The process continues as we revise the estimated distances (costs) again. Now the estimate gives the distance for D of 5 (4+1) and for E of 10 (4+6). The process continues with D going to the set S, a revised value of 9 being calculated for F, and finally F being placed to S. At the same time we retained the fact that (after revisions) the last vertex preceding F was D and preceding D was B. Since B was preceded by C and C by A, the final path is ACBDE with a length of 9 and ACBE with a length of 10, if E and F are considered as leaves (DIPs) in the resulting tree.
Each node has been scanned at most once. Note that all edges in the paths from A to all other nodes, i.e., { A,C} , { C,B} , { B,D} , { B,E} , and { D,F} form a tree. This is not a coincidence but a direct consequence of the fact that the shortest paths nest within one another. For example, if k is on the shortest path form i to j then the shortest path form i to j include the shortest path from i to k and the shortest path from k to j. All shortest path algorithm rely on the observation, that shortest paths nest.
Dijkstra´s algorithm can be used with weighted undirected graphs as well as with directed graphs. Besides Dijkstra there are several other shortest paths algorithms such as Bellman´s or Floyd´s algorithm (for more details cf. ref.3).
1.2.3  Dynamic Costs: Limitations of MST and Shortest Paths Algorithms 
If the total number of the underground rooms (UGRs) together with the total length of the cable within a network and/or the length between the nodes would have to be considered as the determining cost factors, then the optimization could be done by one of the shortest paths algorithms. However, as it was already mentioned above, there are socalled dynamic costs which depend strongly on the structure of the resulting (optimized) network.
Fig._5: Dynamic costs
Although the constraints will be collected not before the next chapter, an example will be given in order to demonstrate the shortcomings of the MST and the shortest paths algorithms for an efficient optimization of the problem within EGOIST project.
Fig._5 shows three different paths labeled as A, B, and C. If the costs depend only on the length and/or the number of UGRs, then the costs of the paths (A+C) would be the same as for (B+C). As it was shown in fig._2, cables can be combined, i.e., cables with a higher number of wires are less expensive. In case of the example in fig._5 this means that the costs of (A+C) are less than for (B+C), viz.,
Static Constraints/Costs:
length_of_path [ A + C] = length_of_path [ B + C]
fixed_costs [ A + C] = fixed_costs [ B + C]
Dynamic Constraints/Costs
dynamic_costs [ A + C] < dynamic_costs [ B + C]
In order to consider the dynamic constraints (costs) which strongly depend on the specific structure of the resulting tree, heuristic methods are rather more flexible than the exact algorithm which is hard to find for the present optimization task.
1.3  Constraints 
In the following list, the constraints have been collected using a terminology as if the cable laying will be performed from the DIPs to the CCP. It is important to note that in reality the cable laying will be performed from the CCP to the DIPs. It is simply a matter of semantics if we are speaking from combining instead of dividing cables as it will be done below if we are looking from the DIPs to the CCP.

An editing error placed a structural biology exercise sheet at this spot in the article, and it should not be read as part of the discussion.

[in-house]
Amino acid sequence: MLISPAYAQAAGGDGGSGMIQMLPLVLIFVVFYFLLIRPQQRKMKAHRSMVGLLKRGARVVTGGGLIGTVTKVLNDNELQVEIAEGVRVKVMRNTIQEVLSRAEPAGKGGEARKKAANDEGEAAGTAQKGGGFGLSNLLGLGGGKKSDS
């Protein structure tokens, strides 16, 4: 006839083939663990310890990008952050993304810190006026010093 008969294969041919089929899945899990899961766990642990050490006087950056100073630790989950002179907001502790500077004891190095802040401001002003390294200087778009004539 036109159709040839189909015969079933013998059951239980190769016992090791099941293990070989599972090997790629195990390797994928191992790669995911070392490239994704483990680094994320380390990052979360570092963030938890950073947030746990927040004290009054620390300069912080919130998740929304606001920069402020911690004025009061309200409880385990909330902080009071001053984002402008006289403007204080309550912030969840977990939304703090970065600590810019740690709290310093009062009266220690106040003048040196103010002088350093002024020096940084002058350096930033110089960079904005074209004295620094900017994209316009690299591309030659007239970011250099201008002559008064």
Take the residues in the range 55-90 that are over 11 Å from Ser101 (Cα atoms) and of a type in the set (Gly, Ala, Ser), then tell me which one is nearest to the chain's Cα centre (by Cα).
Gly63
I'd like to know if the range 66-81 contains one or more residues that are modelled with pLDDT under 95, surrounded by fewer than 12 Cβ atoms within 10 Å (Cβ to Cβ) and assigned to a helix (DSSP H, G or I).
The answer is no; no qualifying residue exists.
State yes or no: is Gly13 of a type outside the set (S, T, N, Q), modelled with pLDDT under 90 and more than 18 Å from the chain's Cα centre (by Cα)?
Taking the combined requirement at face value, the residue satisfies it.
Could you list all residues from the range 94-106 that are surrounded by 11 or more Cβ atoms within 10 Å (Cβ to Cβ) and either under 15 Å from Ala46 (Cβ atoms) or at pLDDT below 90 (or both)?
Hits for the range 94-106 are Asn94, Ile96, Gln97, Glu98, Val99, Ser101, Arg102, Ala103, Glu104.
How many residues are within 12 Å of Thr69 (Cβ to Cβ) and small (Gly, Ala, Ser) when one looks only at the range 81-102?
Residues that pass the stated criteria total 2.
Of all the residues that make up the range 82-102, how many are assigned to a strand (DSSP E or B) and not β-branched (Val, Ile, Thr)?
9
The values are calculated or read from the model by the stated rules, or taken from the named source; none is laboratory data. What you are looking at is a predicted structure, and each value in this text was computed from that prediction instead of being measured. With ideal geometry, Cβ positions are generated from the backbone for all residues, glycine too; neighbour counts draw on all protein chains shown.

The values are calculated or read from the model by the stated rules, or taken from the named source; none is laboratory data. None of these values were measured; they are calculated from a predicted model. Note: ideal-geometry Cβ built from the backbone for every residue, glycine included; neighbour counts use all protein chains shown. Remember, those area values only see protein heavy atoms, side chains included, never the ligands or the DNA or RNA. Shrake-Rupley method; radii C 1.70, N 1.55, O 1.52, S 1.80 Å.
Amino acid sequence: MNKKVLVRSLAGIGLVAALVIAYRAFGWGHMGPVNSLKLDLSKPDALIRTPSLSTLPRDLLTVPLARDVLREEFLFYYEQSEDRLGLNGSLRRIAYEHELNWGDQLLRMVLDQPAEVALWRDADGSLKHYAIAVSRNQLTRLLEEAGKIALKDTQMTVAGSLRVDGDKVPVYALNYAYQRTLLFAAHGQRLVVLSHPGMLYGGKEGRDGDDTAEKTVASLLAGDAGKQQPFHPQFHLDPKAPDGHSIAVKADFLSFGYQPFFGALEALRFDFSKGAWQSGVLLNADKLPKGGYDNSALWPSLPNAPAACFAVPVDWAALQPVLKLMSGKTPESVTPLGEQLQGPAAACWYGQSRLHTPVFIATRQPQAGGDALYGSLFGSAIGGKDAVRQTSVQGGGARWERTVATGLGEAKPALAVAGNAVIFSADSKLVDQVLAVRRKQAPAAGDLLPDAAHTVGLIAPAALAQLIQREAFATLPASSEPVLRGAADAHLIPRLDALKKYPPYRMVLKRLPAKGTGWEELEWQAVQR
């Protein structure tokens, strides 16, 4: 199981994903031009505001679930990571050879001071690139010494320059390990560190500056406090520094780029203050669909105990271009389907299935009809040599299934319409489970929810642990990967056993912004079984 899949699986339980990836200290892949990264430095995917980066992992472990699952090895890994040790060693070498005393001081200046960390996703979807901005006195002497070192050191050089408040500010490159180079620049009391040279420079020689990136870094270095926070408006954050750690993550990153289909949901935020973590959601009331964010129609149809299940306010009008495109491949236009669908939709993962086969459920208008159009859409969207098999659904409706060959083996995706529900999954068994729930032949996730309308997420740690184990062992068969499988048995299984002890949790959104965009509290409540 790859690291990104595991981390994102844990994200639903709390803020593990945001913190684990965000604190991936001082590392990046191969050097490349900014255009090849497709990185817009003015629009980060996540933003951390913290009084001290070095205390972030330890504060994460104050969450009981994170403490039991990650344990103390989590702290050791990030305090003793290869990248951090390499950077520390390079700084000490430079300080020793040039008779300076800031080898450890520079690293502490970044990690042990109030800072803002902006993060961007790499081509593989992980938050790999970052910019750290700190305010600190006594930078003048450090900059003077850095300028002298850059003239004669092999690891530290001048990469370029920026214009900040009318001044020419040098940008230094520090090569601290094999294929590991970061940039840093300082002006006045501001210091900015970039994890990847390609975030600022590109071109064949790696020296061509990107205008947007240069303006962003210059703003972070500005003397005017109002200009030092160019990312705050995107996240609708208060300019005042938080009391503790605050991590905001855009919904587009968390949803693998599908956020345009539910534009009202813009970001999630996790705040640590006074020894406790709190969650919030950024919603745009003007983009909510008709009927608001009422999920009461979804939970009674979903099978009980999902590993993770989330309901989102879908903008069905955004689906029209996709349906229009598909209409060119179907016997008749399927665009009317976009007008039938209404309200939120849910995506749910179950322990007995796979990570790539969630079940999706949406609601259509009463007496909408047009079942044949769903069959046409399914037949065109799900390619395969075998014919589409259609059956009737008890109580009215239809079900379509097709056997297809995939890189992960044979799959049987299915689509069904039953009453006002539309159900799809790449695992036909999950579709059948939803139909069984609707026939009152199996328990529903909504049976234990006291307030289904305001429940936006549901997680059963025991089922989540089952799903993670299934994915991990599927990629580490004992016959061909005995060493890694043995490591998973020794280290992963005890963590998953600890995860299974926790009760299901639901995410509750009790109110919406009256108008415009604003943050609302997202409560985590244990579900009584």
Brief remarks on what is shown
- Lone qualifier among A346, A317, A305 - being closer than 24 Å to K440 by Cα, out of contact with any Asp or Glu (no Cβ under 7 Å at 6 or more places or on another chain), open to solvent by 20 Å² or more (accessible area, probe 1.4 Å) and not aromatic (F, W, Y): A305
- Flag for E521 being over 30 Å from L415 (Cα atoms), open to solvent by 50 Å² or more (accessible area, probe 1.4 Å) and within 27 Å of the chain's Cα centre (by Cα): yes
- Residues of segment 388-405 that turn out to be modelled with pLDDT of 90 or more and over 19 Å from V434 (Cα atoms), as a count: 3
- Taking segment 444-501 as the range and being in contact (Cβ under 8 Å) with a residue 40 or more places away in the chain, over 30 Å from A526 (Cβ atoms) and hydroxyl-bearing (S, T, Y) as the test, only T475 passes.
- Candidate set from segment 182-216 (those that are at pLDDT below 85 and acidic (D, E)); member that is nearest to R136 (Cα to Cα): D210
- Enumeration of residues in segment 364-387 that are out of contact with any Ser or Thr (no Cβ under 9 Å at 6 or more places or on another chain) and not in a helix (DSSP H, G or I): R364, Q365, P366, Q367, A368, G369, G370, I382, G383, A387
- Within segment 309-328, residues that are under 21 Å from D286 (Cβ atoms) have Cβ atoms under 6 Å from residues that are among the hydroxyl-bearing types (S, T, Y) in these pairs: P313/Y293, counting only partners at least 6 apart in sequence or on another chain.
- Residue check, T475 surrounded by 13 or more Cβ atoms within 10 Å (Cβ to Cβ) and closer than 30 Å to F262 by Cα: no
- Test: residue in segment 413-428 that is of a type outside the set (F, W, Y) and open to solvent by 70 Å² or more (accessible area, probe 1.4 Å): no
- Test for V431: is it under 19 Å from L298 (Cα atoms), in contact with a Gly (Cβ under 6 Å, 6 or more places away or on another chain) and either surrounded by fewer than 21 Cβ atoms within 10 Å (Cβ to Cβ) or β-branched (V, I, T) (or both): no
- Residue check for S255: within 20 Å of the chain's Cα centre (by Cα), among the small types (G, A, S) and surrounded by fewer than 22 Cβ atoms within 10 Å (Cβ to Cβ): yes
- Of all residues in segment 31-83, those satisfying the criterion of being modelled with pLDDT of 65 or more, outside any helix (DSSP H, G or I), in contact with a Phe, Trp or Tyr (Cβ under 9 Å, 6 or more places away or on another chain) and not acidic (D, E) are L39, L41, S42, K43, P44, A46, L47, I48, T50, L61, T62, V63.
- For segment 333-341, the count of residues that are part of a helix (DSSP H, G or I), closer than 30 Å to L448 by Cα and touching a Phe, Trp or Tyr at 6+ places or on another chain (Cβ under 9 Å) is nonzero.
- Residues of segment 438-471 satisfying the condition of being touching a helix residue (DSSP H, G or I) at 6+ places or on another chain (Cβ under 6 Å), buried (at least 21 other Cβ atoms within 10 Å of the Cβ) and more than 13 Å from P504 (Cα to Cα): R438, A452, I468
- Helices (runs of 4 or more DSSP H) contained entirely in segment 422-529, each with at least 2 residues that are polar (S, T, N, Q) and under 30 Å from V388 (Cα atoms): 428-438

The following constraints only consider local networks in a smaller city area (with only one connection point, CCP). For larger networks, for example, for a whole city similar constraints have to be considered. For these cases, however, the cable capacities, the number of CCPs, etc. will be different.
1)  Size of the cable (number
of wires within a cable rope): N=7× 2^{n} with n as an integer in the range 0 £ n £ 6 (N = 7, 14, 18, 56, ¼ , 448). 
2)  Diameter (Q) of the cable: Q = { 0.4mm^{2}, 0.6mm^{2}, 0.8mm^{2 }} The decision about the diameter is done in advance depending on the total laying length and the total electrical resistance. 
3)  Combining of cable ropes:

4)  Parallel laying of cable
ropes within one connection: Parallel laying is only allowed if combining of the ropes is not possible. 
5)  Cable branching: If there is a cable with a capacity of N and an unused capacity of N/4 it is possible to connect a cable with N/4  the resulting capacity again is N. 
6)  Maximum length of cables: For the local networks the given maximum length of ...m is to high in order to be installed. 
7)  Necessity for the
installation of an UGR: For the combining of cables; If only a DIP has to be connected a UGR is not necessary. Angular variations (more than 10^{0}) for cable laying. 
8)  Types of UGRs The type depends on highest value N of the cable capacity and the diameter Q of the cables. 
9)  DIP capacity It is given as N = 7× 2^{n} (see above) 
10)  Types of tubes For the laying of the cables tubes are used. The type (size) of the tubes depends on the capacity and the diameter of the cables. 
11)  Laying of the cable The laying of the cables is done in tubes, the kind of laying depends on the combination of the number of type of tubes. 
1.4  Costs 
Since the costs are strongly case dependent, i.e., they differ, for example, from one country to another, a data base application was written in order to make the optimization tool independent from the conditions in Tunisia.
1)  Cables (see, DBtable:
cable.dbf)

2)  Laying of cables (see,
DBtable: laying.dbf):

3)  Installation of UGR (see,
DBtable: ugr.dbf):

4)  Combining of cables (see,
DBtable: cable.dbf):

Data base files:
cable.dbf
CAPACITY 
CALIBER 
CABLECOSTS 
DIVCOSTS 
TUBETYPE 
7 
0.4 
0.44 
0 
1 
7 
0.6 
0.44 
0 
1 
7 
0.8 
0.44 
0 
1 
14 
0.4 
0.577 
10 
1 
14 
0.6 
0.577 
10 
1 
14 
0.8 
0.577 
10 
1 
28 
0.4 
0.844 
15 
1 
28 
0.6 
0.844 
15 
1 
28 
0.8 
0.844 
15 
1 
56 
0.4 
1.5 
18 
1 
56 
0.6 
1.5 
18 
1 
56 
0.8 
1.5 
18 
1 
112 
0.4 
2.7 
23 
1 
112 
0.6 
2.7 
23 
1 
112 
0.8 
2.7 
23 
2 
224 
0.4 
5 
27 
1 
224 
0.6 
5 
27 
1 
224 
0.8 
5 
27 
2 
448 
0.4 
9.9 
40 
1 
448 
0.6 
9.9 
40 
2 
448 
0.8 
9.9 
40 
3 
laying.dbf:
TUBE_3 
TUBE_2 
TUBE_1 
CABLE_3 
CABLE_2 
CABLE_1 
COSTS 
0 
0 
2 
0 
0 
1 
6.5 
0 
0 
3 
0 
0 
1 
7.3 
0 
0 
4 
0 
0 
2 
8 
0 
0 
5 
0 
0 
3 
8.8 
0 
0 
6 
0 
0 
4 
9.6 
0 
2 
0 
0 
1 
0 
7.5 
0 
2 
2 
0 
1 
1 
9 
0 
3 
2 
0 
1 
1 
10.2